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FEATURE21 June 2018

Young Researchers Q&A: the7stars

Features People UK

Sam Barton, Michelle Milner and Sam Carr from the7stars were the winners of the &more Research Team Challenge held by the Market Research Society on 13 June. We caught up with the three to find out their career highlights, what motivates them and what makes a good team.

From left to right: Michelle Milner, Sam Carr, Sam Barton

Sam Barton, insights at the7stars

Education: Newcastle University – English Language

How long have you worked in market research? Five and a half years.

Was becoming a market researcher accident or design? Design – I’ve always enjoyed knowing about anything and everything. I realised market research would allow me to do this and get paid for it.

What has been the highlight of your career so far? I played football against Matt Holland on a work social. As an Ipswich Town fan, it was a boyhood dream.

What’s the secret to good team building? Communicating. We have a flat structure at the7stars and it means everyone’s involved in the decision making, we all have a voice and are encouraged to use it.

If you weren’t working in market research what would you be doing? Civil engineering. My family has a history in construction and I spent a few years doing it. It was a really rewarding job and I loved the challenges I faced. I still don’t know why, but I completely overlooked it when thinking about university, etc.

Power dressing or dress-down Friday? Dress-down Friday. And Monday, Tuesday etc... I’ve never been one for shirt and ties. I don’t think it helps you write a better questionnaire, either.

What is the most stressful thing about your job? The variety. Especially at a media agency – you never quite know what your day is going to behold. It can be stressful but it’s also what makes it such a fun environment to work in. Every day is different.

 

Michelle Milner, insights at the7stars

Education: Exeter University – I studied Spanish and Italian, and then a Masters in International Management and Marketing

How long have you worked in market research? Three years.

Was becoming a market researcher accident or design? Design – I became obsessed with consumer behaviour whilst doing a module in it at uni, so I knew that was what I wanted my career to focus on.

What has been the highlight of your career so far? There have been so many, but nothing beats the feeling of winning external awards and being recognised for good, hard work.

What’s the secret to good team building? There’s no siloed working in our team, meaning we all know each other really well and understand our ways of working. Our flat structure also means that everyone does a bit of everything.

What’s the best bit of advice you’ve ever received? Be visible. This was particularly important when I was first starting out in market research, and it has really paid off.

How much travel do you do for your job? I have clients dotted all around the country, which means many a train ride to places I’ve never been to before. We hold a lot of focus groups too, which also means we have to venture out of London, to get out of the bubble. I’ve yet to go abroad with work, but never say never.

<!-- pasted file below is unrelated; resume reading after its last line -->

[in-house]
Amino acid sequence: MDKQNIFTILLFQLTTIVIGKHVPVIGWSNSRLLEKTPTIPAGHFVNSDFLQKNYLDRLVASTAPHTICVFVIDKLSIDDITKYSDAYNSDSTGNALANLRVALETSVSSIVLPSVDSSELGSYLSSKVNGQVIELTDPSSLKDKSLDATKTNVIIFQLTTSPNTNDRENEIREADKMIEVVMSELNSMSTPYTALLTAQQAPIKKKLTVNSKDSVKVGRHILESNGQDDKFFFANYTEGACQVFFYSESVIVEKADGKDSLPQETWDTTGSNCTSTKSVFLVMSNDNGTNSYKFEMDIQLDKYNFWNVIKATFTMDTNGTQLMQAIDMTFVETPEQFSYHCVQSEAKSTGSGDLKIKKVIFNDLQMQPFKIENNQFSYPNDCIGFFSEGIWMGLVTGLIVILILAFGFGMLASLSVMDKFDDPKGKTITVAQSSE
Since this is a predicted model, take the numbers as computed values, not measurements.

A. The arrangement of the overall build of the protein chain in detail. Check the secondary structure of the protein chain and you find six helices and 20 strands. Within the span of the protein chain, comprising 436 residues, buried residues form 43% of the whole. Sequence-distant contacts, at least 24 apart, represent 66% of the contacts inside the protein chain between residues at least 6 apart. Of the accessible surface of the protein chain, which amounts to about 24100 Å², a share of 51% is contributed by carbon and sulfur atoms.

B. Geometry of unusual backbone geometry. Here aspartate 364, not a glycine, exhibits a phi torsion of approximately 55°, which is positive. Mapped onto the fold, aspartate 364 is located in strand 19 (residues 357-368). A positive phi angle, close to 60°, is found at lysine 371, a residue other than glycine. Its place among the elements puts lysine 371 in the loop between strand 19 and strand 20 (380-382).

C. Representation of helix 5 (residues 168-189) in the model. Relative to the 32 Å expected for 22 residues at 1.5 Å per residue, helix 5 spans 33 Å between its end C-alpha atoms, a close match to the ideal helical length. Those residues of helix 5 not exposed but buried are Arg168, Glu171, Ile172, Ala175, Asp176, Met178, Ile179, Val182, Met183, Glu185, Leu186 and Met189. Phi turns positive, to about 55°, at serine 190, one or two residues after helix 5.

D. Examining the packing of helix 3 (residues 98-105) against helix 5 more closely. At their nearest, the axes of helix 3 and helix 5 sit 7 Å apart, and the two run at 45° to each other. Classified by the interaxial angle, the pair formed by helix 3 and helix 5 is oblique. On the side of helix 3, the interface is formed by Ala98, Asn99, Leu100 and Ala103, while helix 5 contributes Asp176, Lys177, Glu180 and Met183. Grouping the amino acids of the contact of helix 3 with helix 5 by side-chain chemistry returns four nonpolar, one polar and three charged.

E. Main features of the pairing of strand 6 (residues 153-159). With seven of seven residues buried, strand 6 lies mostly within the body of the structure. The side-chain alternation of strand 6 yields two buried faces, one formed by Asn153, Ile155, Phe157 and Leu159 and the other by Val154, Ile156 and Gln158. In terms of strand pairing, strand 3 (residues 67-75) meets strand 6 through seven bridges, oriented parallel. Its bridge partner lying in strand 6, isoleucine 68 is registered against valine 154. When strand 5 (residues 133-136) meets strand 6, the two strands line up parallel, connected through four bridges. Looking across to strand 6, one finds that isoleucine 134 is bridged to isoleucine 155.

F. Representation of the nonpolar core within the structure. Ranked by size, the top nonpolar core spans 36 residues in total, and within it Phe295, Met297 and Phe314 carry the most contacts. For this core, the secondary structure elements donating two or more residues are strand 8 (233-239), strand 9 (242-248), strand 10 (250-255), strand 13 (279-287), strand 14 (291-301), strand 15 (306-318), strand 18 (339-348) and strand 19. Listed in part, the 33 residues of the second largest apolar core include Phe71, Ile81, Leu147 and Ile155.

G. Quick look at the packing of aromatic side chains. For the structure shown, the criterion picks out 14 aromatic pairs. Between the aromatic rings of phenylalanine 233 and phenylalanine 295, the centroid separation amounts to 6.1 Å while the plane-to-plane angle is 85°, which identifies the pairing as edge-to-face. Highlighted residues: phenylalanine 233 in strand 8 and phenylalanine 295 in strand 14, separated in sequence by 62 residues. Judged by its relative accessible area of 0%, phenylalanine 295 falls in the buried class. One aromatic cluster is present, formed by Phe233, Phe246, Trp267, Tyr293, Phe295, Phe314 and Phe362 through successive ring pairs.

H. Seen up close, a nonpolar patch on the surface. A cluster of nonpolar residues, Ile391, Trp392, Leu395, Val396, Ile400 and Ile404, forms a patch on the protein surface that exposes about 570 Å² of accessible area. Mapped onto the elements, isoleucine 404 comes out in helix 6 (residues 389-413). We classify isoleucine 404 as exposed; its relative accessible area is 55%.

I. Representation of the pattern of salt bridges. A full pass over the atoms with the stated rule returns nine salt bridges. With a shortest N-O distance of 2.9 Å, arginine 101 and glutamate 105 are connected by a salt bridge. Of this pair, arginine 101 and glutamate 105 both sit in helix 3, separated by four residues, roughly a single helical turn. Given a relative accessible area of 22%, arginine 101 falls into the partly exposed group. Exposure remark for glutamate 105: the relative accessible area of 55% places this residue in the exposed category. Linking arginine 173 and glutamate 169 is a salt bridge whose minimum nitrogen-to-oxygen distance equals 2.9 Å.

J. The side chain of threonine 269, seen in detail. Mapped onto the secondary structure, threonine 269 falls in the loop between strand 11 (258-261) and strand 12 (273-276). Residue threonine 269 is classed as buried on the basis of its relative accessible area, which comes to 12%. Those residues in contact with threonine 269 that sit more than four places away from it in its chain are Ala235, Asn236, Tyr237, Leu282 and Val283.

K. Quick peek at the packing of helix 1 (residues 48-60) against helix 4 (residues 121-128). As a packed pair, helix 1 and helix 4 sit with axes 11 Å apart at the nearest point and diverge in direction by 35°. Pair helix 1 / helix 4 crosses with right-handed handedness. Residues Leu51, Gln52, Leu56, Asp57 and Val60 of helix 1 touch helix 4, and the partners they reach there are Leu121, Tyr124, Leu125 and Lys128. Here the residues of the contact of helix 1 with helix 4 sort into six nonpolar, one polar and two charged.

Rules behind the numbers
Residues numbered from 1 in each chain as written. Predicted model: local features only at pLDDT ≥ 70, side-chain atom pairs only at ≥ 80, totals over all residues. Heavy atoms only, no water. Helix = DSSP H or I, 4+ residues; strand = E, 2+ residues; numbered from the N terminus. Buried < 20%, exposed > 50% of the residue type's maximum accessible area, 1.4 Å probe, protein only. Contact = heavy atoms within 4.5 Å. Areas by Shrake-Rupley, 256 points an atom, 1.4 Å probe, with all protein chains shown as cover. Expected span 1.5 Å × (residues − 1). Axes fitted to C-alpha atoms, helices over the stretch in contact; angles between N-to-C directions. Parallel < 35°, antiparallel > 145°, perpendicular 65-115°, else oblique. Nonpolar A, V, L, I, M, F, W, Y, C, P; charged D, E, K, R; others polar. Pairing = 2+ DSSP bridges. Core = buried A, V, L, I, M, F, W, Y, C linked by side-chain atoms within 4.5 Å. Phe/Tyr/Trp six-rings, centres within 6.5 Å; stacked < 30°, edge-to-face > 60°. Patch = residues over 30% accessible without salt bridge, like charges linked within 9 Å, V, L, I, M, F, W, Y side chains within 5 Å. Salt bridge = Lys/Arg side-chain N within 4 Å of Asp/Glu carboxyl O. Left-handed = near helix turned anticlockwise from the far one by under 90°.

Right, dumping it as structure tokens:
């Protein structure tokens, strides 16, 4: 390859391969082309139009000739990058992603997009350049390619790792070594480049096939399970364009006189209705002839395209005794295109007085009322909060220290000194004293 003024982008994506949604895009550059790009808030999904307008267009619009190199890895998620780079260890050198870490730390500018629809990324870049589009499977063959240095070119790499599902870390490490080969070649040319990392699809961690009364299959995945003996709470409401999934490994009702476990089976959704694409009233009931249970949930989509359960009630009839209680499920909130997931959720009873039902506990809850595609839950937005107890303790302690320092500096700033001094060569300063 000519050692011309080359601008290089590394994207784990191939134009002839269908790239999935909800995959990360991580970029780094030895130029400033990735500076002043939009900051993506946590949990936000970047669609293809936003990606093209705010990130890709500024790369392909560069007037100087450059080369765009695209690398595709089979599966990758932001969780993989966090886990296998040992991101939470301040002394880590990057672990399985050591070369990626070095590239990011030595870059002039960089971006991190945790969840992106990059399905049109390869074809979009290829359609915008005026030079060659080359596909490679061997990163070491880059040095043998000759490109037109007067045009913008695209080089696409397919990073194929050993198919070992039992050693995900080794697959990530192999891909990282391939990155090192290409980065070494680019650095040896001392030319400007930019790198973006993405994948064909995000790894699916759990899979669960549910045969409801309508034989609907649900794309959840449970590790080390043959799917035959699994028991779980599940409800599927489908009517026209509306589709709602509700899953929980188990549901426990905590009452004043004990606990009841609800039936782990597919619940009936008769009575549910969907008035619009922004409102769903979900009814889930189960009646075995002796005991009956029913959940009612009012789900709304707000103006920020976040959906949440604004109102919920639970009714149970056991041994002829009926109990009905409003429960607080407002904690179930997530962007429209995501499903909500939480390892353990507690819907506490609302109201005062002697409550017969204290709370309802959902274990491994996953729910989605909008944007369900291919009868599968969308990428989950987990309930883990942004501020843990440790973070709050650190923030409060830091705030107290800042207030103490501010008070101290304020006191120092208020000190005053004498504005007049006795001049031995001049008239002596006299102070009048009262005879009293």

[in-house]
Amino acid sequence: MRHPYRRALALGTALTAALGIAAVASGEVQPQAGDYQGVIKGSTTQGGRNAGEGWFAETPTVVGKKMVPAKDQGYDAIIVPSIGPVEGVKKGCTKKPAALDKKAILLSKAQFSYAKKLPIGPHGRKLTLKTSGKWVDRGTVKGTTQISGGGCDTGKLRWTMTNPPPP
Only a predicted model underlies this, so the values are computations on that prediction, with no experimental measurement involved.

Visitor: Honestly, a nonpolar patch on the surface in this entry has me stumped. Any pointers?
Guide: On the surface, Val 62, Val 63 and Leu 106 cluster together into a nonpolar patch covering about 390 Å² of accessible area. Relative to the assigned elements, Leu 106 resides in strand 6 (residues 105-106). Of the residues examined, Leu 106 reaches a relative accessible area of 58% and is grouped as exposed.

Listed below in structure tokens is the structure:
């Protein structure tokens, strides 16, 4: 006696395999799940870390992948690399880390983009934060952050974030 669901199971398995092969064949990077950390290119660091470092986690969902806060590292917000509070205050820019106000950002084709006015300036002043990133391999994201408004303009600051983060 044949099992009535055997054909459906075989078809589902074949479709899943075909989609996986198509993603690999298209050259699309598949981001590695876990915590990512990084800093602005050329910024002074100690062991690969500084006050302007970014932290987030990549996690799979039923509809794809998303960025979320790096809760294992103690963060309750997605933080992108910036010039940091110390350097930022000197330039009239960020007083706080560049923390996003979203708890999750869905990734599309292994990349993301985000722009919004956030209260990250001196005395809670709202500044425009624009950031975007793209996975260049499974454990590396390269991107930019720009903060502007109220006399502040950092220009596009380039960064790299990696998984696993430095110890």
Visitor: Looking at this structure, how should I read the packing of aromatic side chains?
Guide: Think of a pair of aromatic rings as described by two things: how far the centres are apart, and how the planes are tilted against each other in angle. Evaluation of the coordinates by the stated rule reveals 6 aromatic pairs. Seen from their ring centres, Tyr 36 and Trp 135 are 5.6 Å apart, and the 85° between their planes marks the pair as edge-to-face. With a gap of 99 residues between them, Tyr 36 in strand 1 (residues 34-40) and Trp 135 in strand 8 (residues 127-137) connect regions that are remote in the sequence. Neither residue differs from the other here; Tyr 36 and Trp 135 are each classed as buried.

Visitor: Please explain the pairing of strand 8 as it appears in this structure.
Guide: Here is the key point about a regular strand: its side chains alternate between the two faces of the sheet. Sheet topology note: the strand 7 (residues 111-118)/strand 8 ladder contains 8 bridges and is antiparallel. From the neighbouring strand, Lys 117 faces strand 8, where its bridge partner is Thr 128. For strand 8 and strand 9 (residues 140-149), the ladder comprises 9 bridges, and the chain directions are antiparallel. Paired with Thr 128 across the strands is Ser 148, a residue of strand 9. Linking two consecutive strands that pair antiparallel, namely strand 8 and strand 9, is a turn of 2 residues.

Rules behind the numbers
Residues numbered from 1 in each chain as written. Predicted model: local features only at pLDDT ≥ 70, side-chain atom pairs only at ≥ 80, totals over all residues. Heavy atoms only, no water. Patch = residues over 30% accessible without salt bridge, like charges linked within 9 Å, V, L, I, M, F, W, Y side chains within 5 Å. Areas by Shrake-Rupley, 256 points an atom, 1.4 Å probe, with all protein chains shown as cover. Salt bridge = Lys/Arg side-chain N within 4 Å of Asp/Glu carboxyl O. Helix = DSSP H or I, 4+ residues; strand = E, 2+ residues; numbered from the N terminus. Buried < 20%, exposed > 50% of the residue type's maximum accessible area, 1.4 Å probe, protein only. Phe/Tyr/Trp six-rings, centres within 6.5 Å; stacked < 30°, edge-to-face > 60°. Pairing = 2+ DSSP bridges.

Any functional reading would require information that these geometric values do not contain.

If you had the chance to go on any reality TV programme what would it be and why? I’d love to think I’m a good enough cook to go on Masterchef, but that absolutely is not the case. It would probably be The X Factor as I’m a trained singer.

 

Sam Carr, insights at the7stars

Education: Warwick University – Film & Literature

How long have you worked in market research? Five years.

Was becoming a market researcher accident or design? Accident – I wanted to stay in and around Leamington Spa for a while after university and was recommended to check out Millward Brown.

What has been the highlight of your career so far? The highlight for me is any time I see a client go on to use my work for actual business decisions that result in positive changes. 

What’s the secret to good team building? Different but complementary skill sets, clear goals from strong leadership, and praising good work.

What bit of your job will be automated in ten years’ time? Broadly: Questionnaire development, questionnaires themselves will become obsolete as passive, but massive, data collection becomes the main source of insight. Specifically: coding, machine coding will be dynamic and probably more accurate than manual.

What piece of tech couldn’t you live without? It’s an obvious one, but excluding my laptop to do any work, my phone is essential. Music on runs/gyms, news, social media, even my alarm clock. It’s a sad fact that it’s a genuine extension of my personal self.

What’s the most ridiculous thing a client has ever asked of you? Three or four years ago, I was running face-to-face research in Jakarta, Indonesia and Manila, Philippines. The former had severe floods literally up to the first floor of buildings, and the latter was undergoing some sort of military coup; understandably, accrual of completions grinded to a halt. Long story short, the client saw these as unreasonable delays, and it was for me, the project manager at the time, to “figure out a solution to complete on time”. Sure, I’ll just head over and solve the tense political situation of the Philippines, and whilst I’m at it, take a bucket and lower the water level of Indonesia by about 10 feet. Talk about going above and beyond.  

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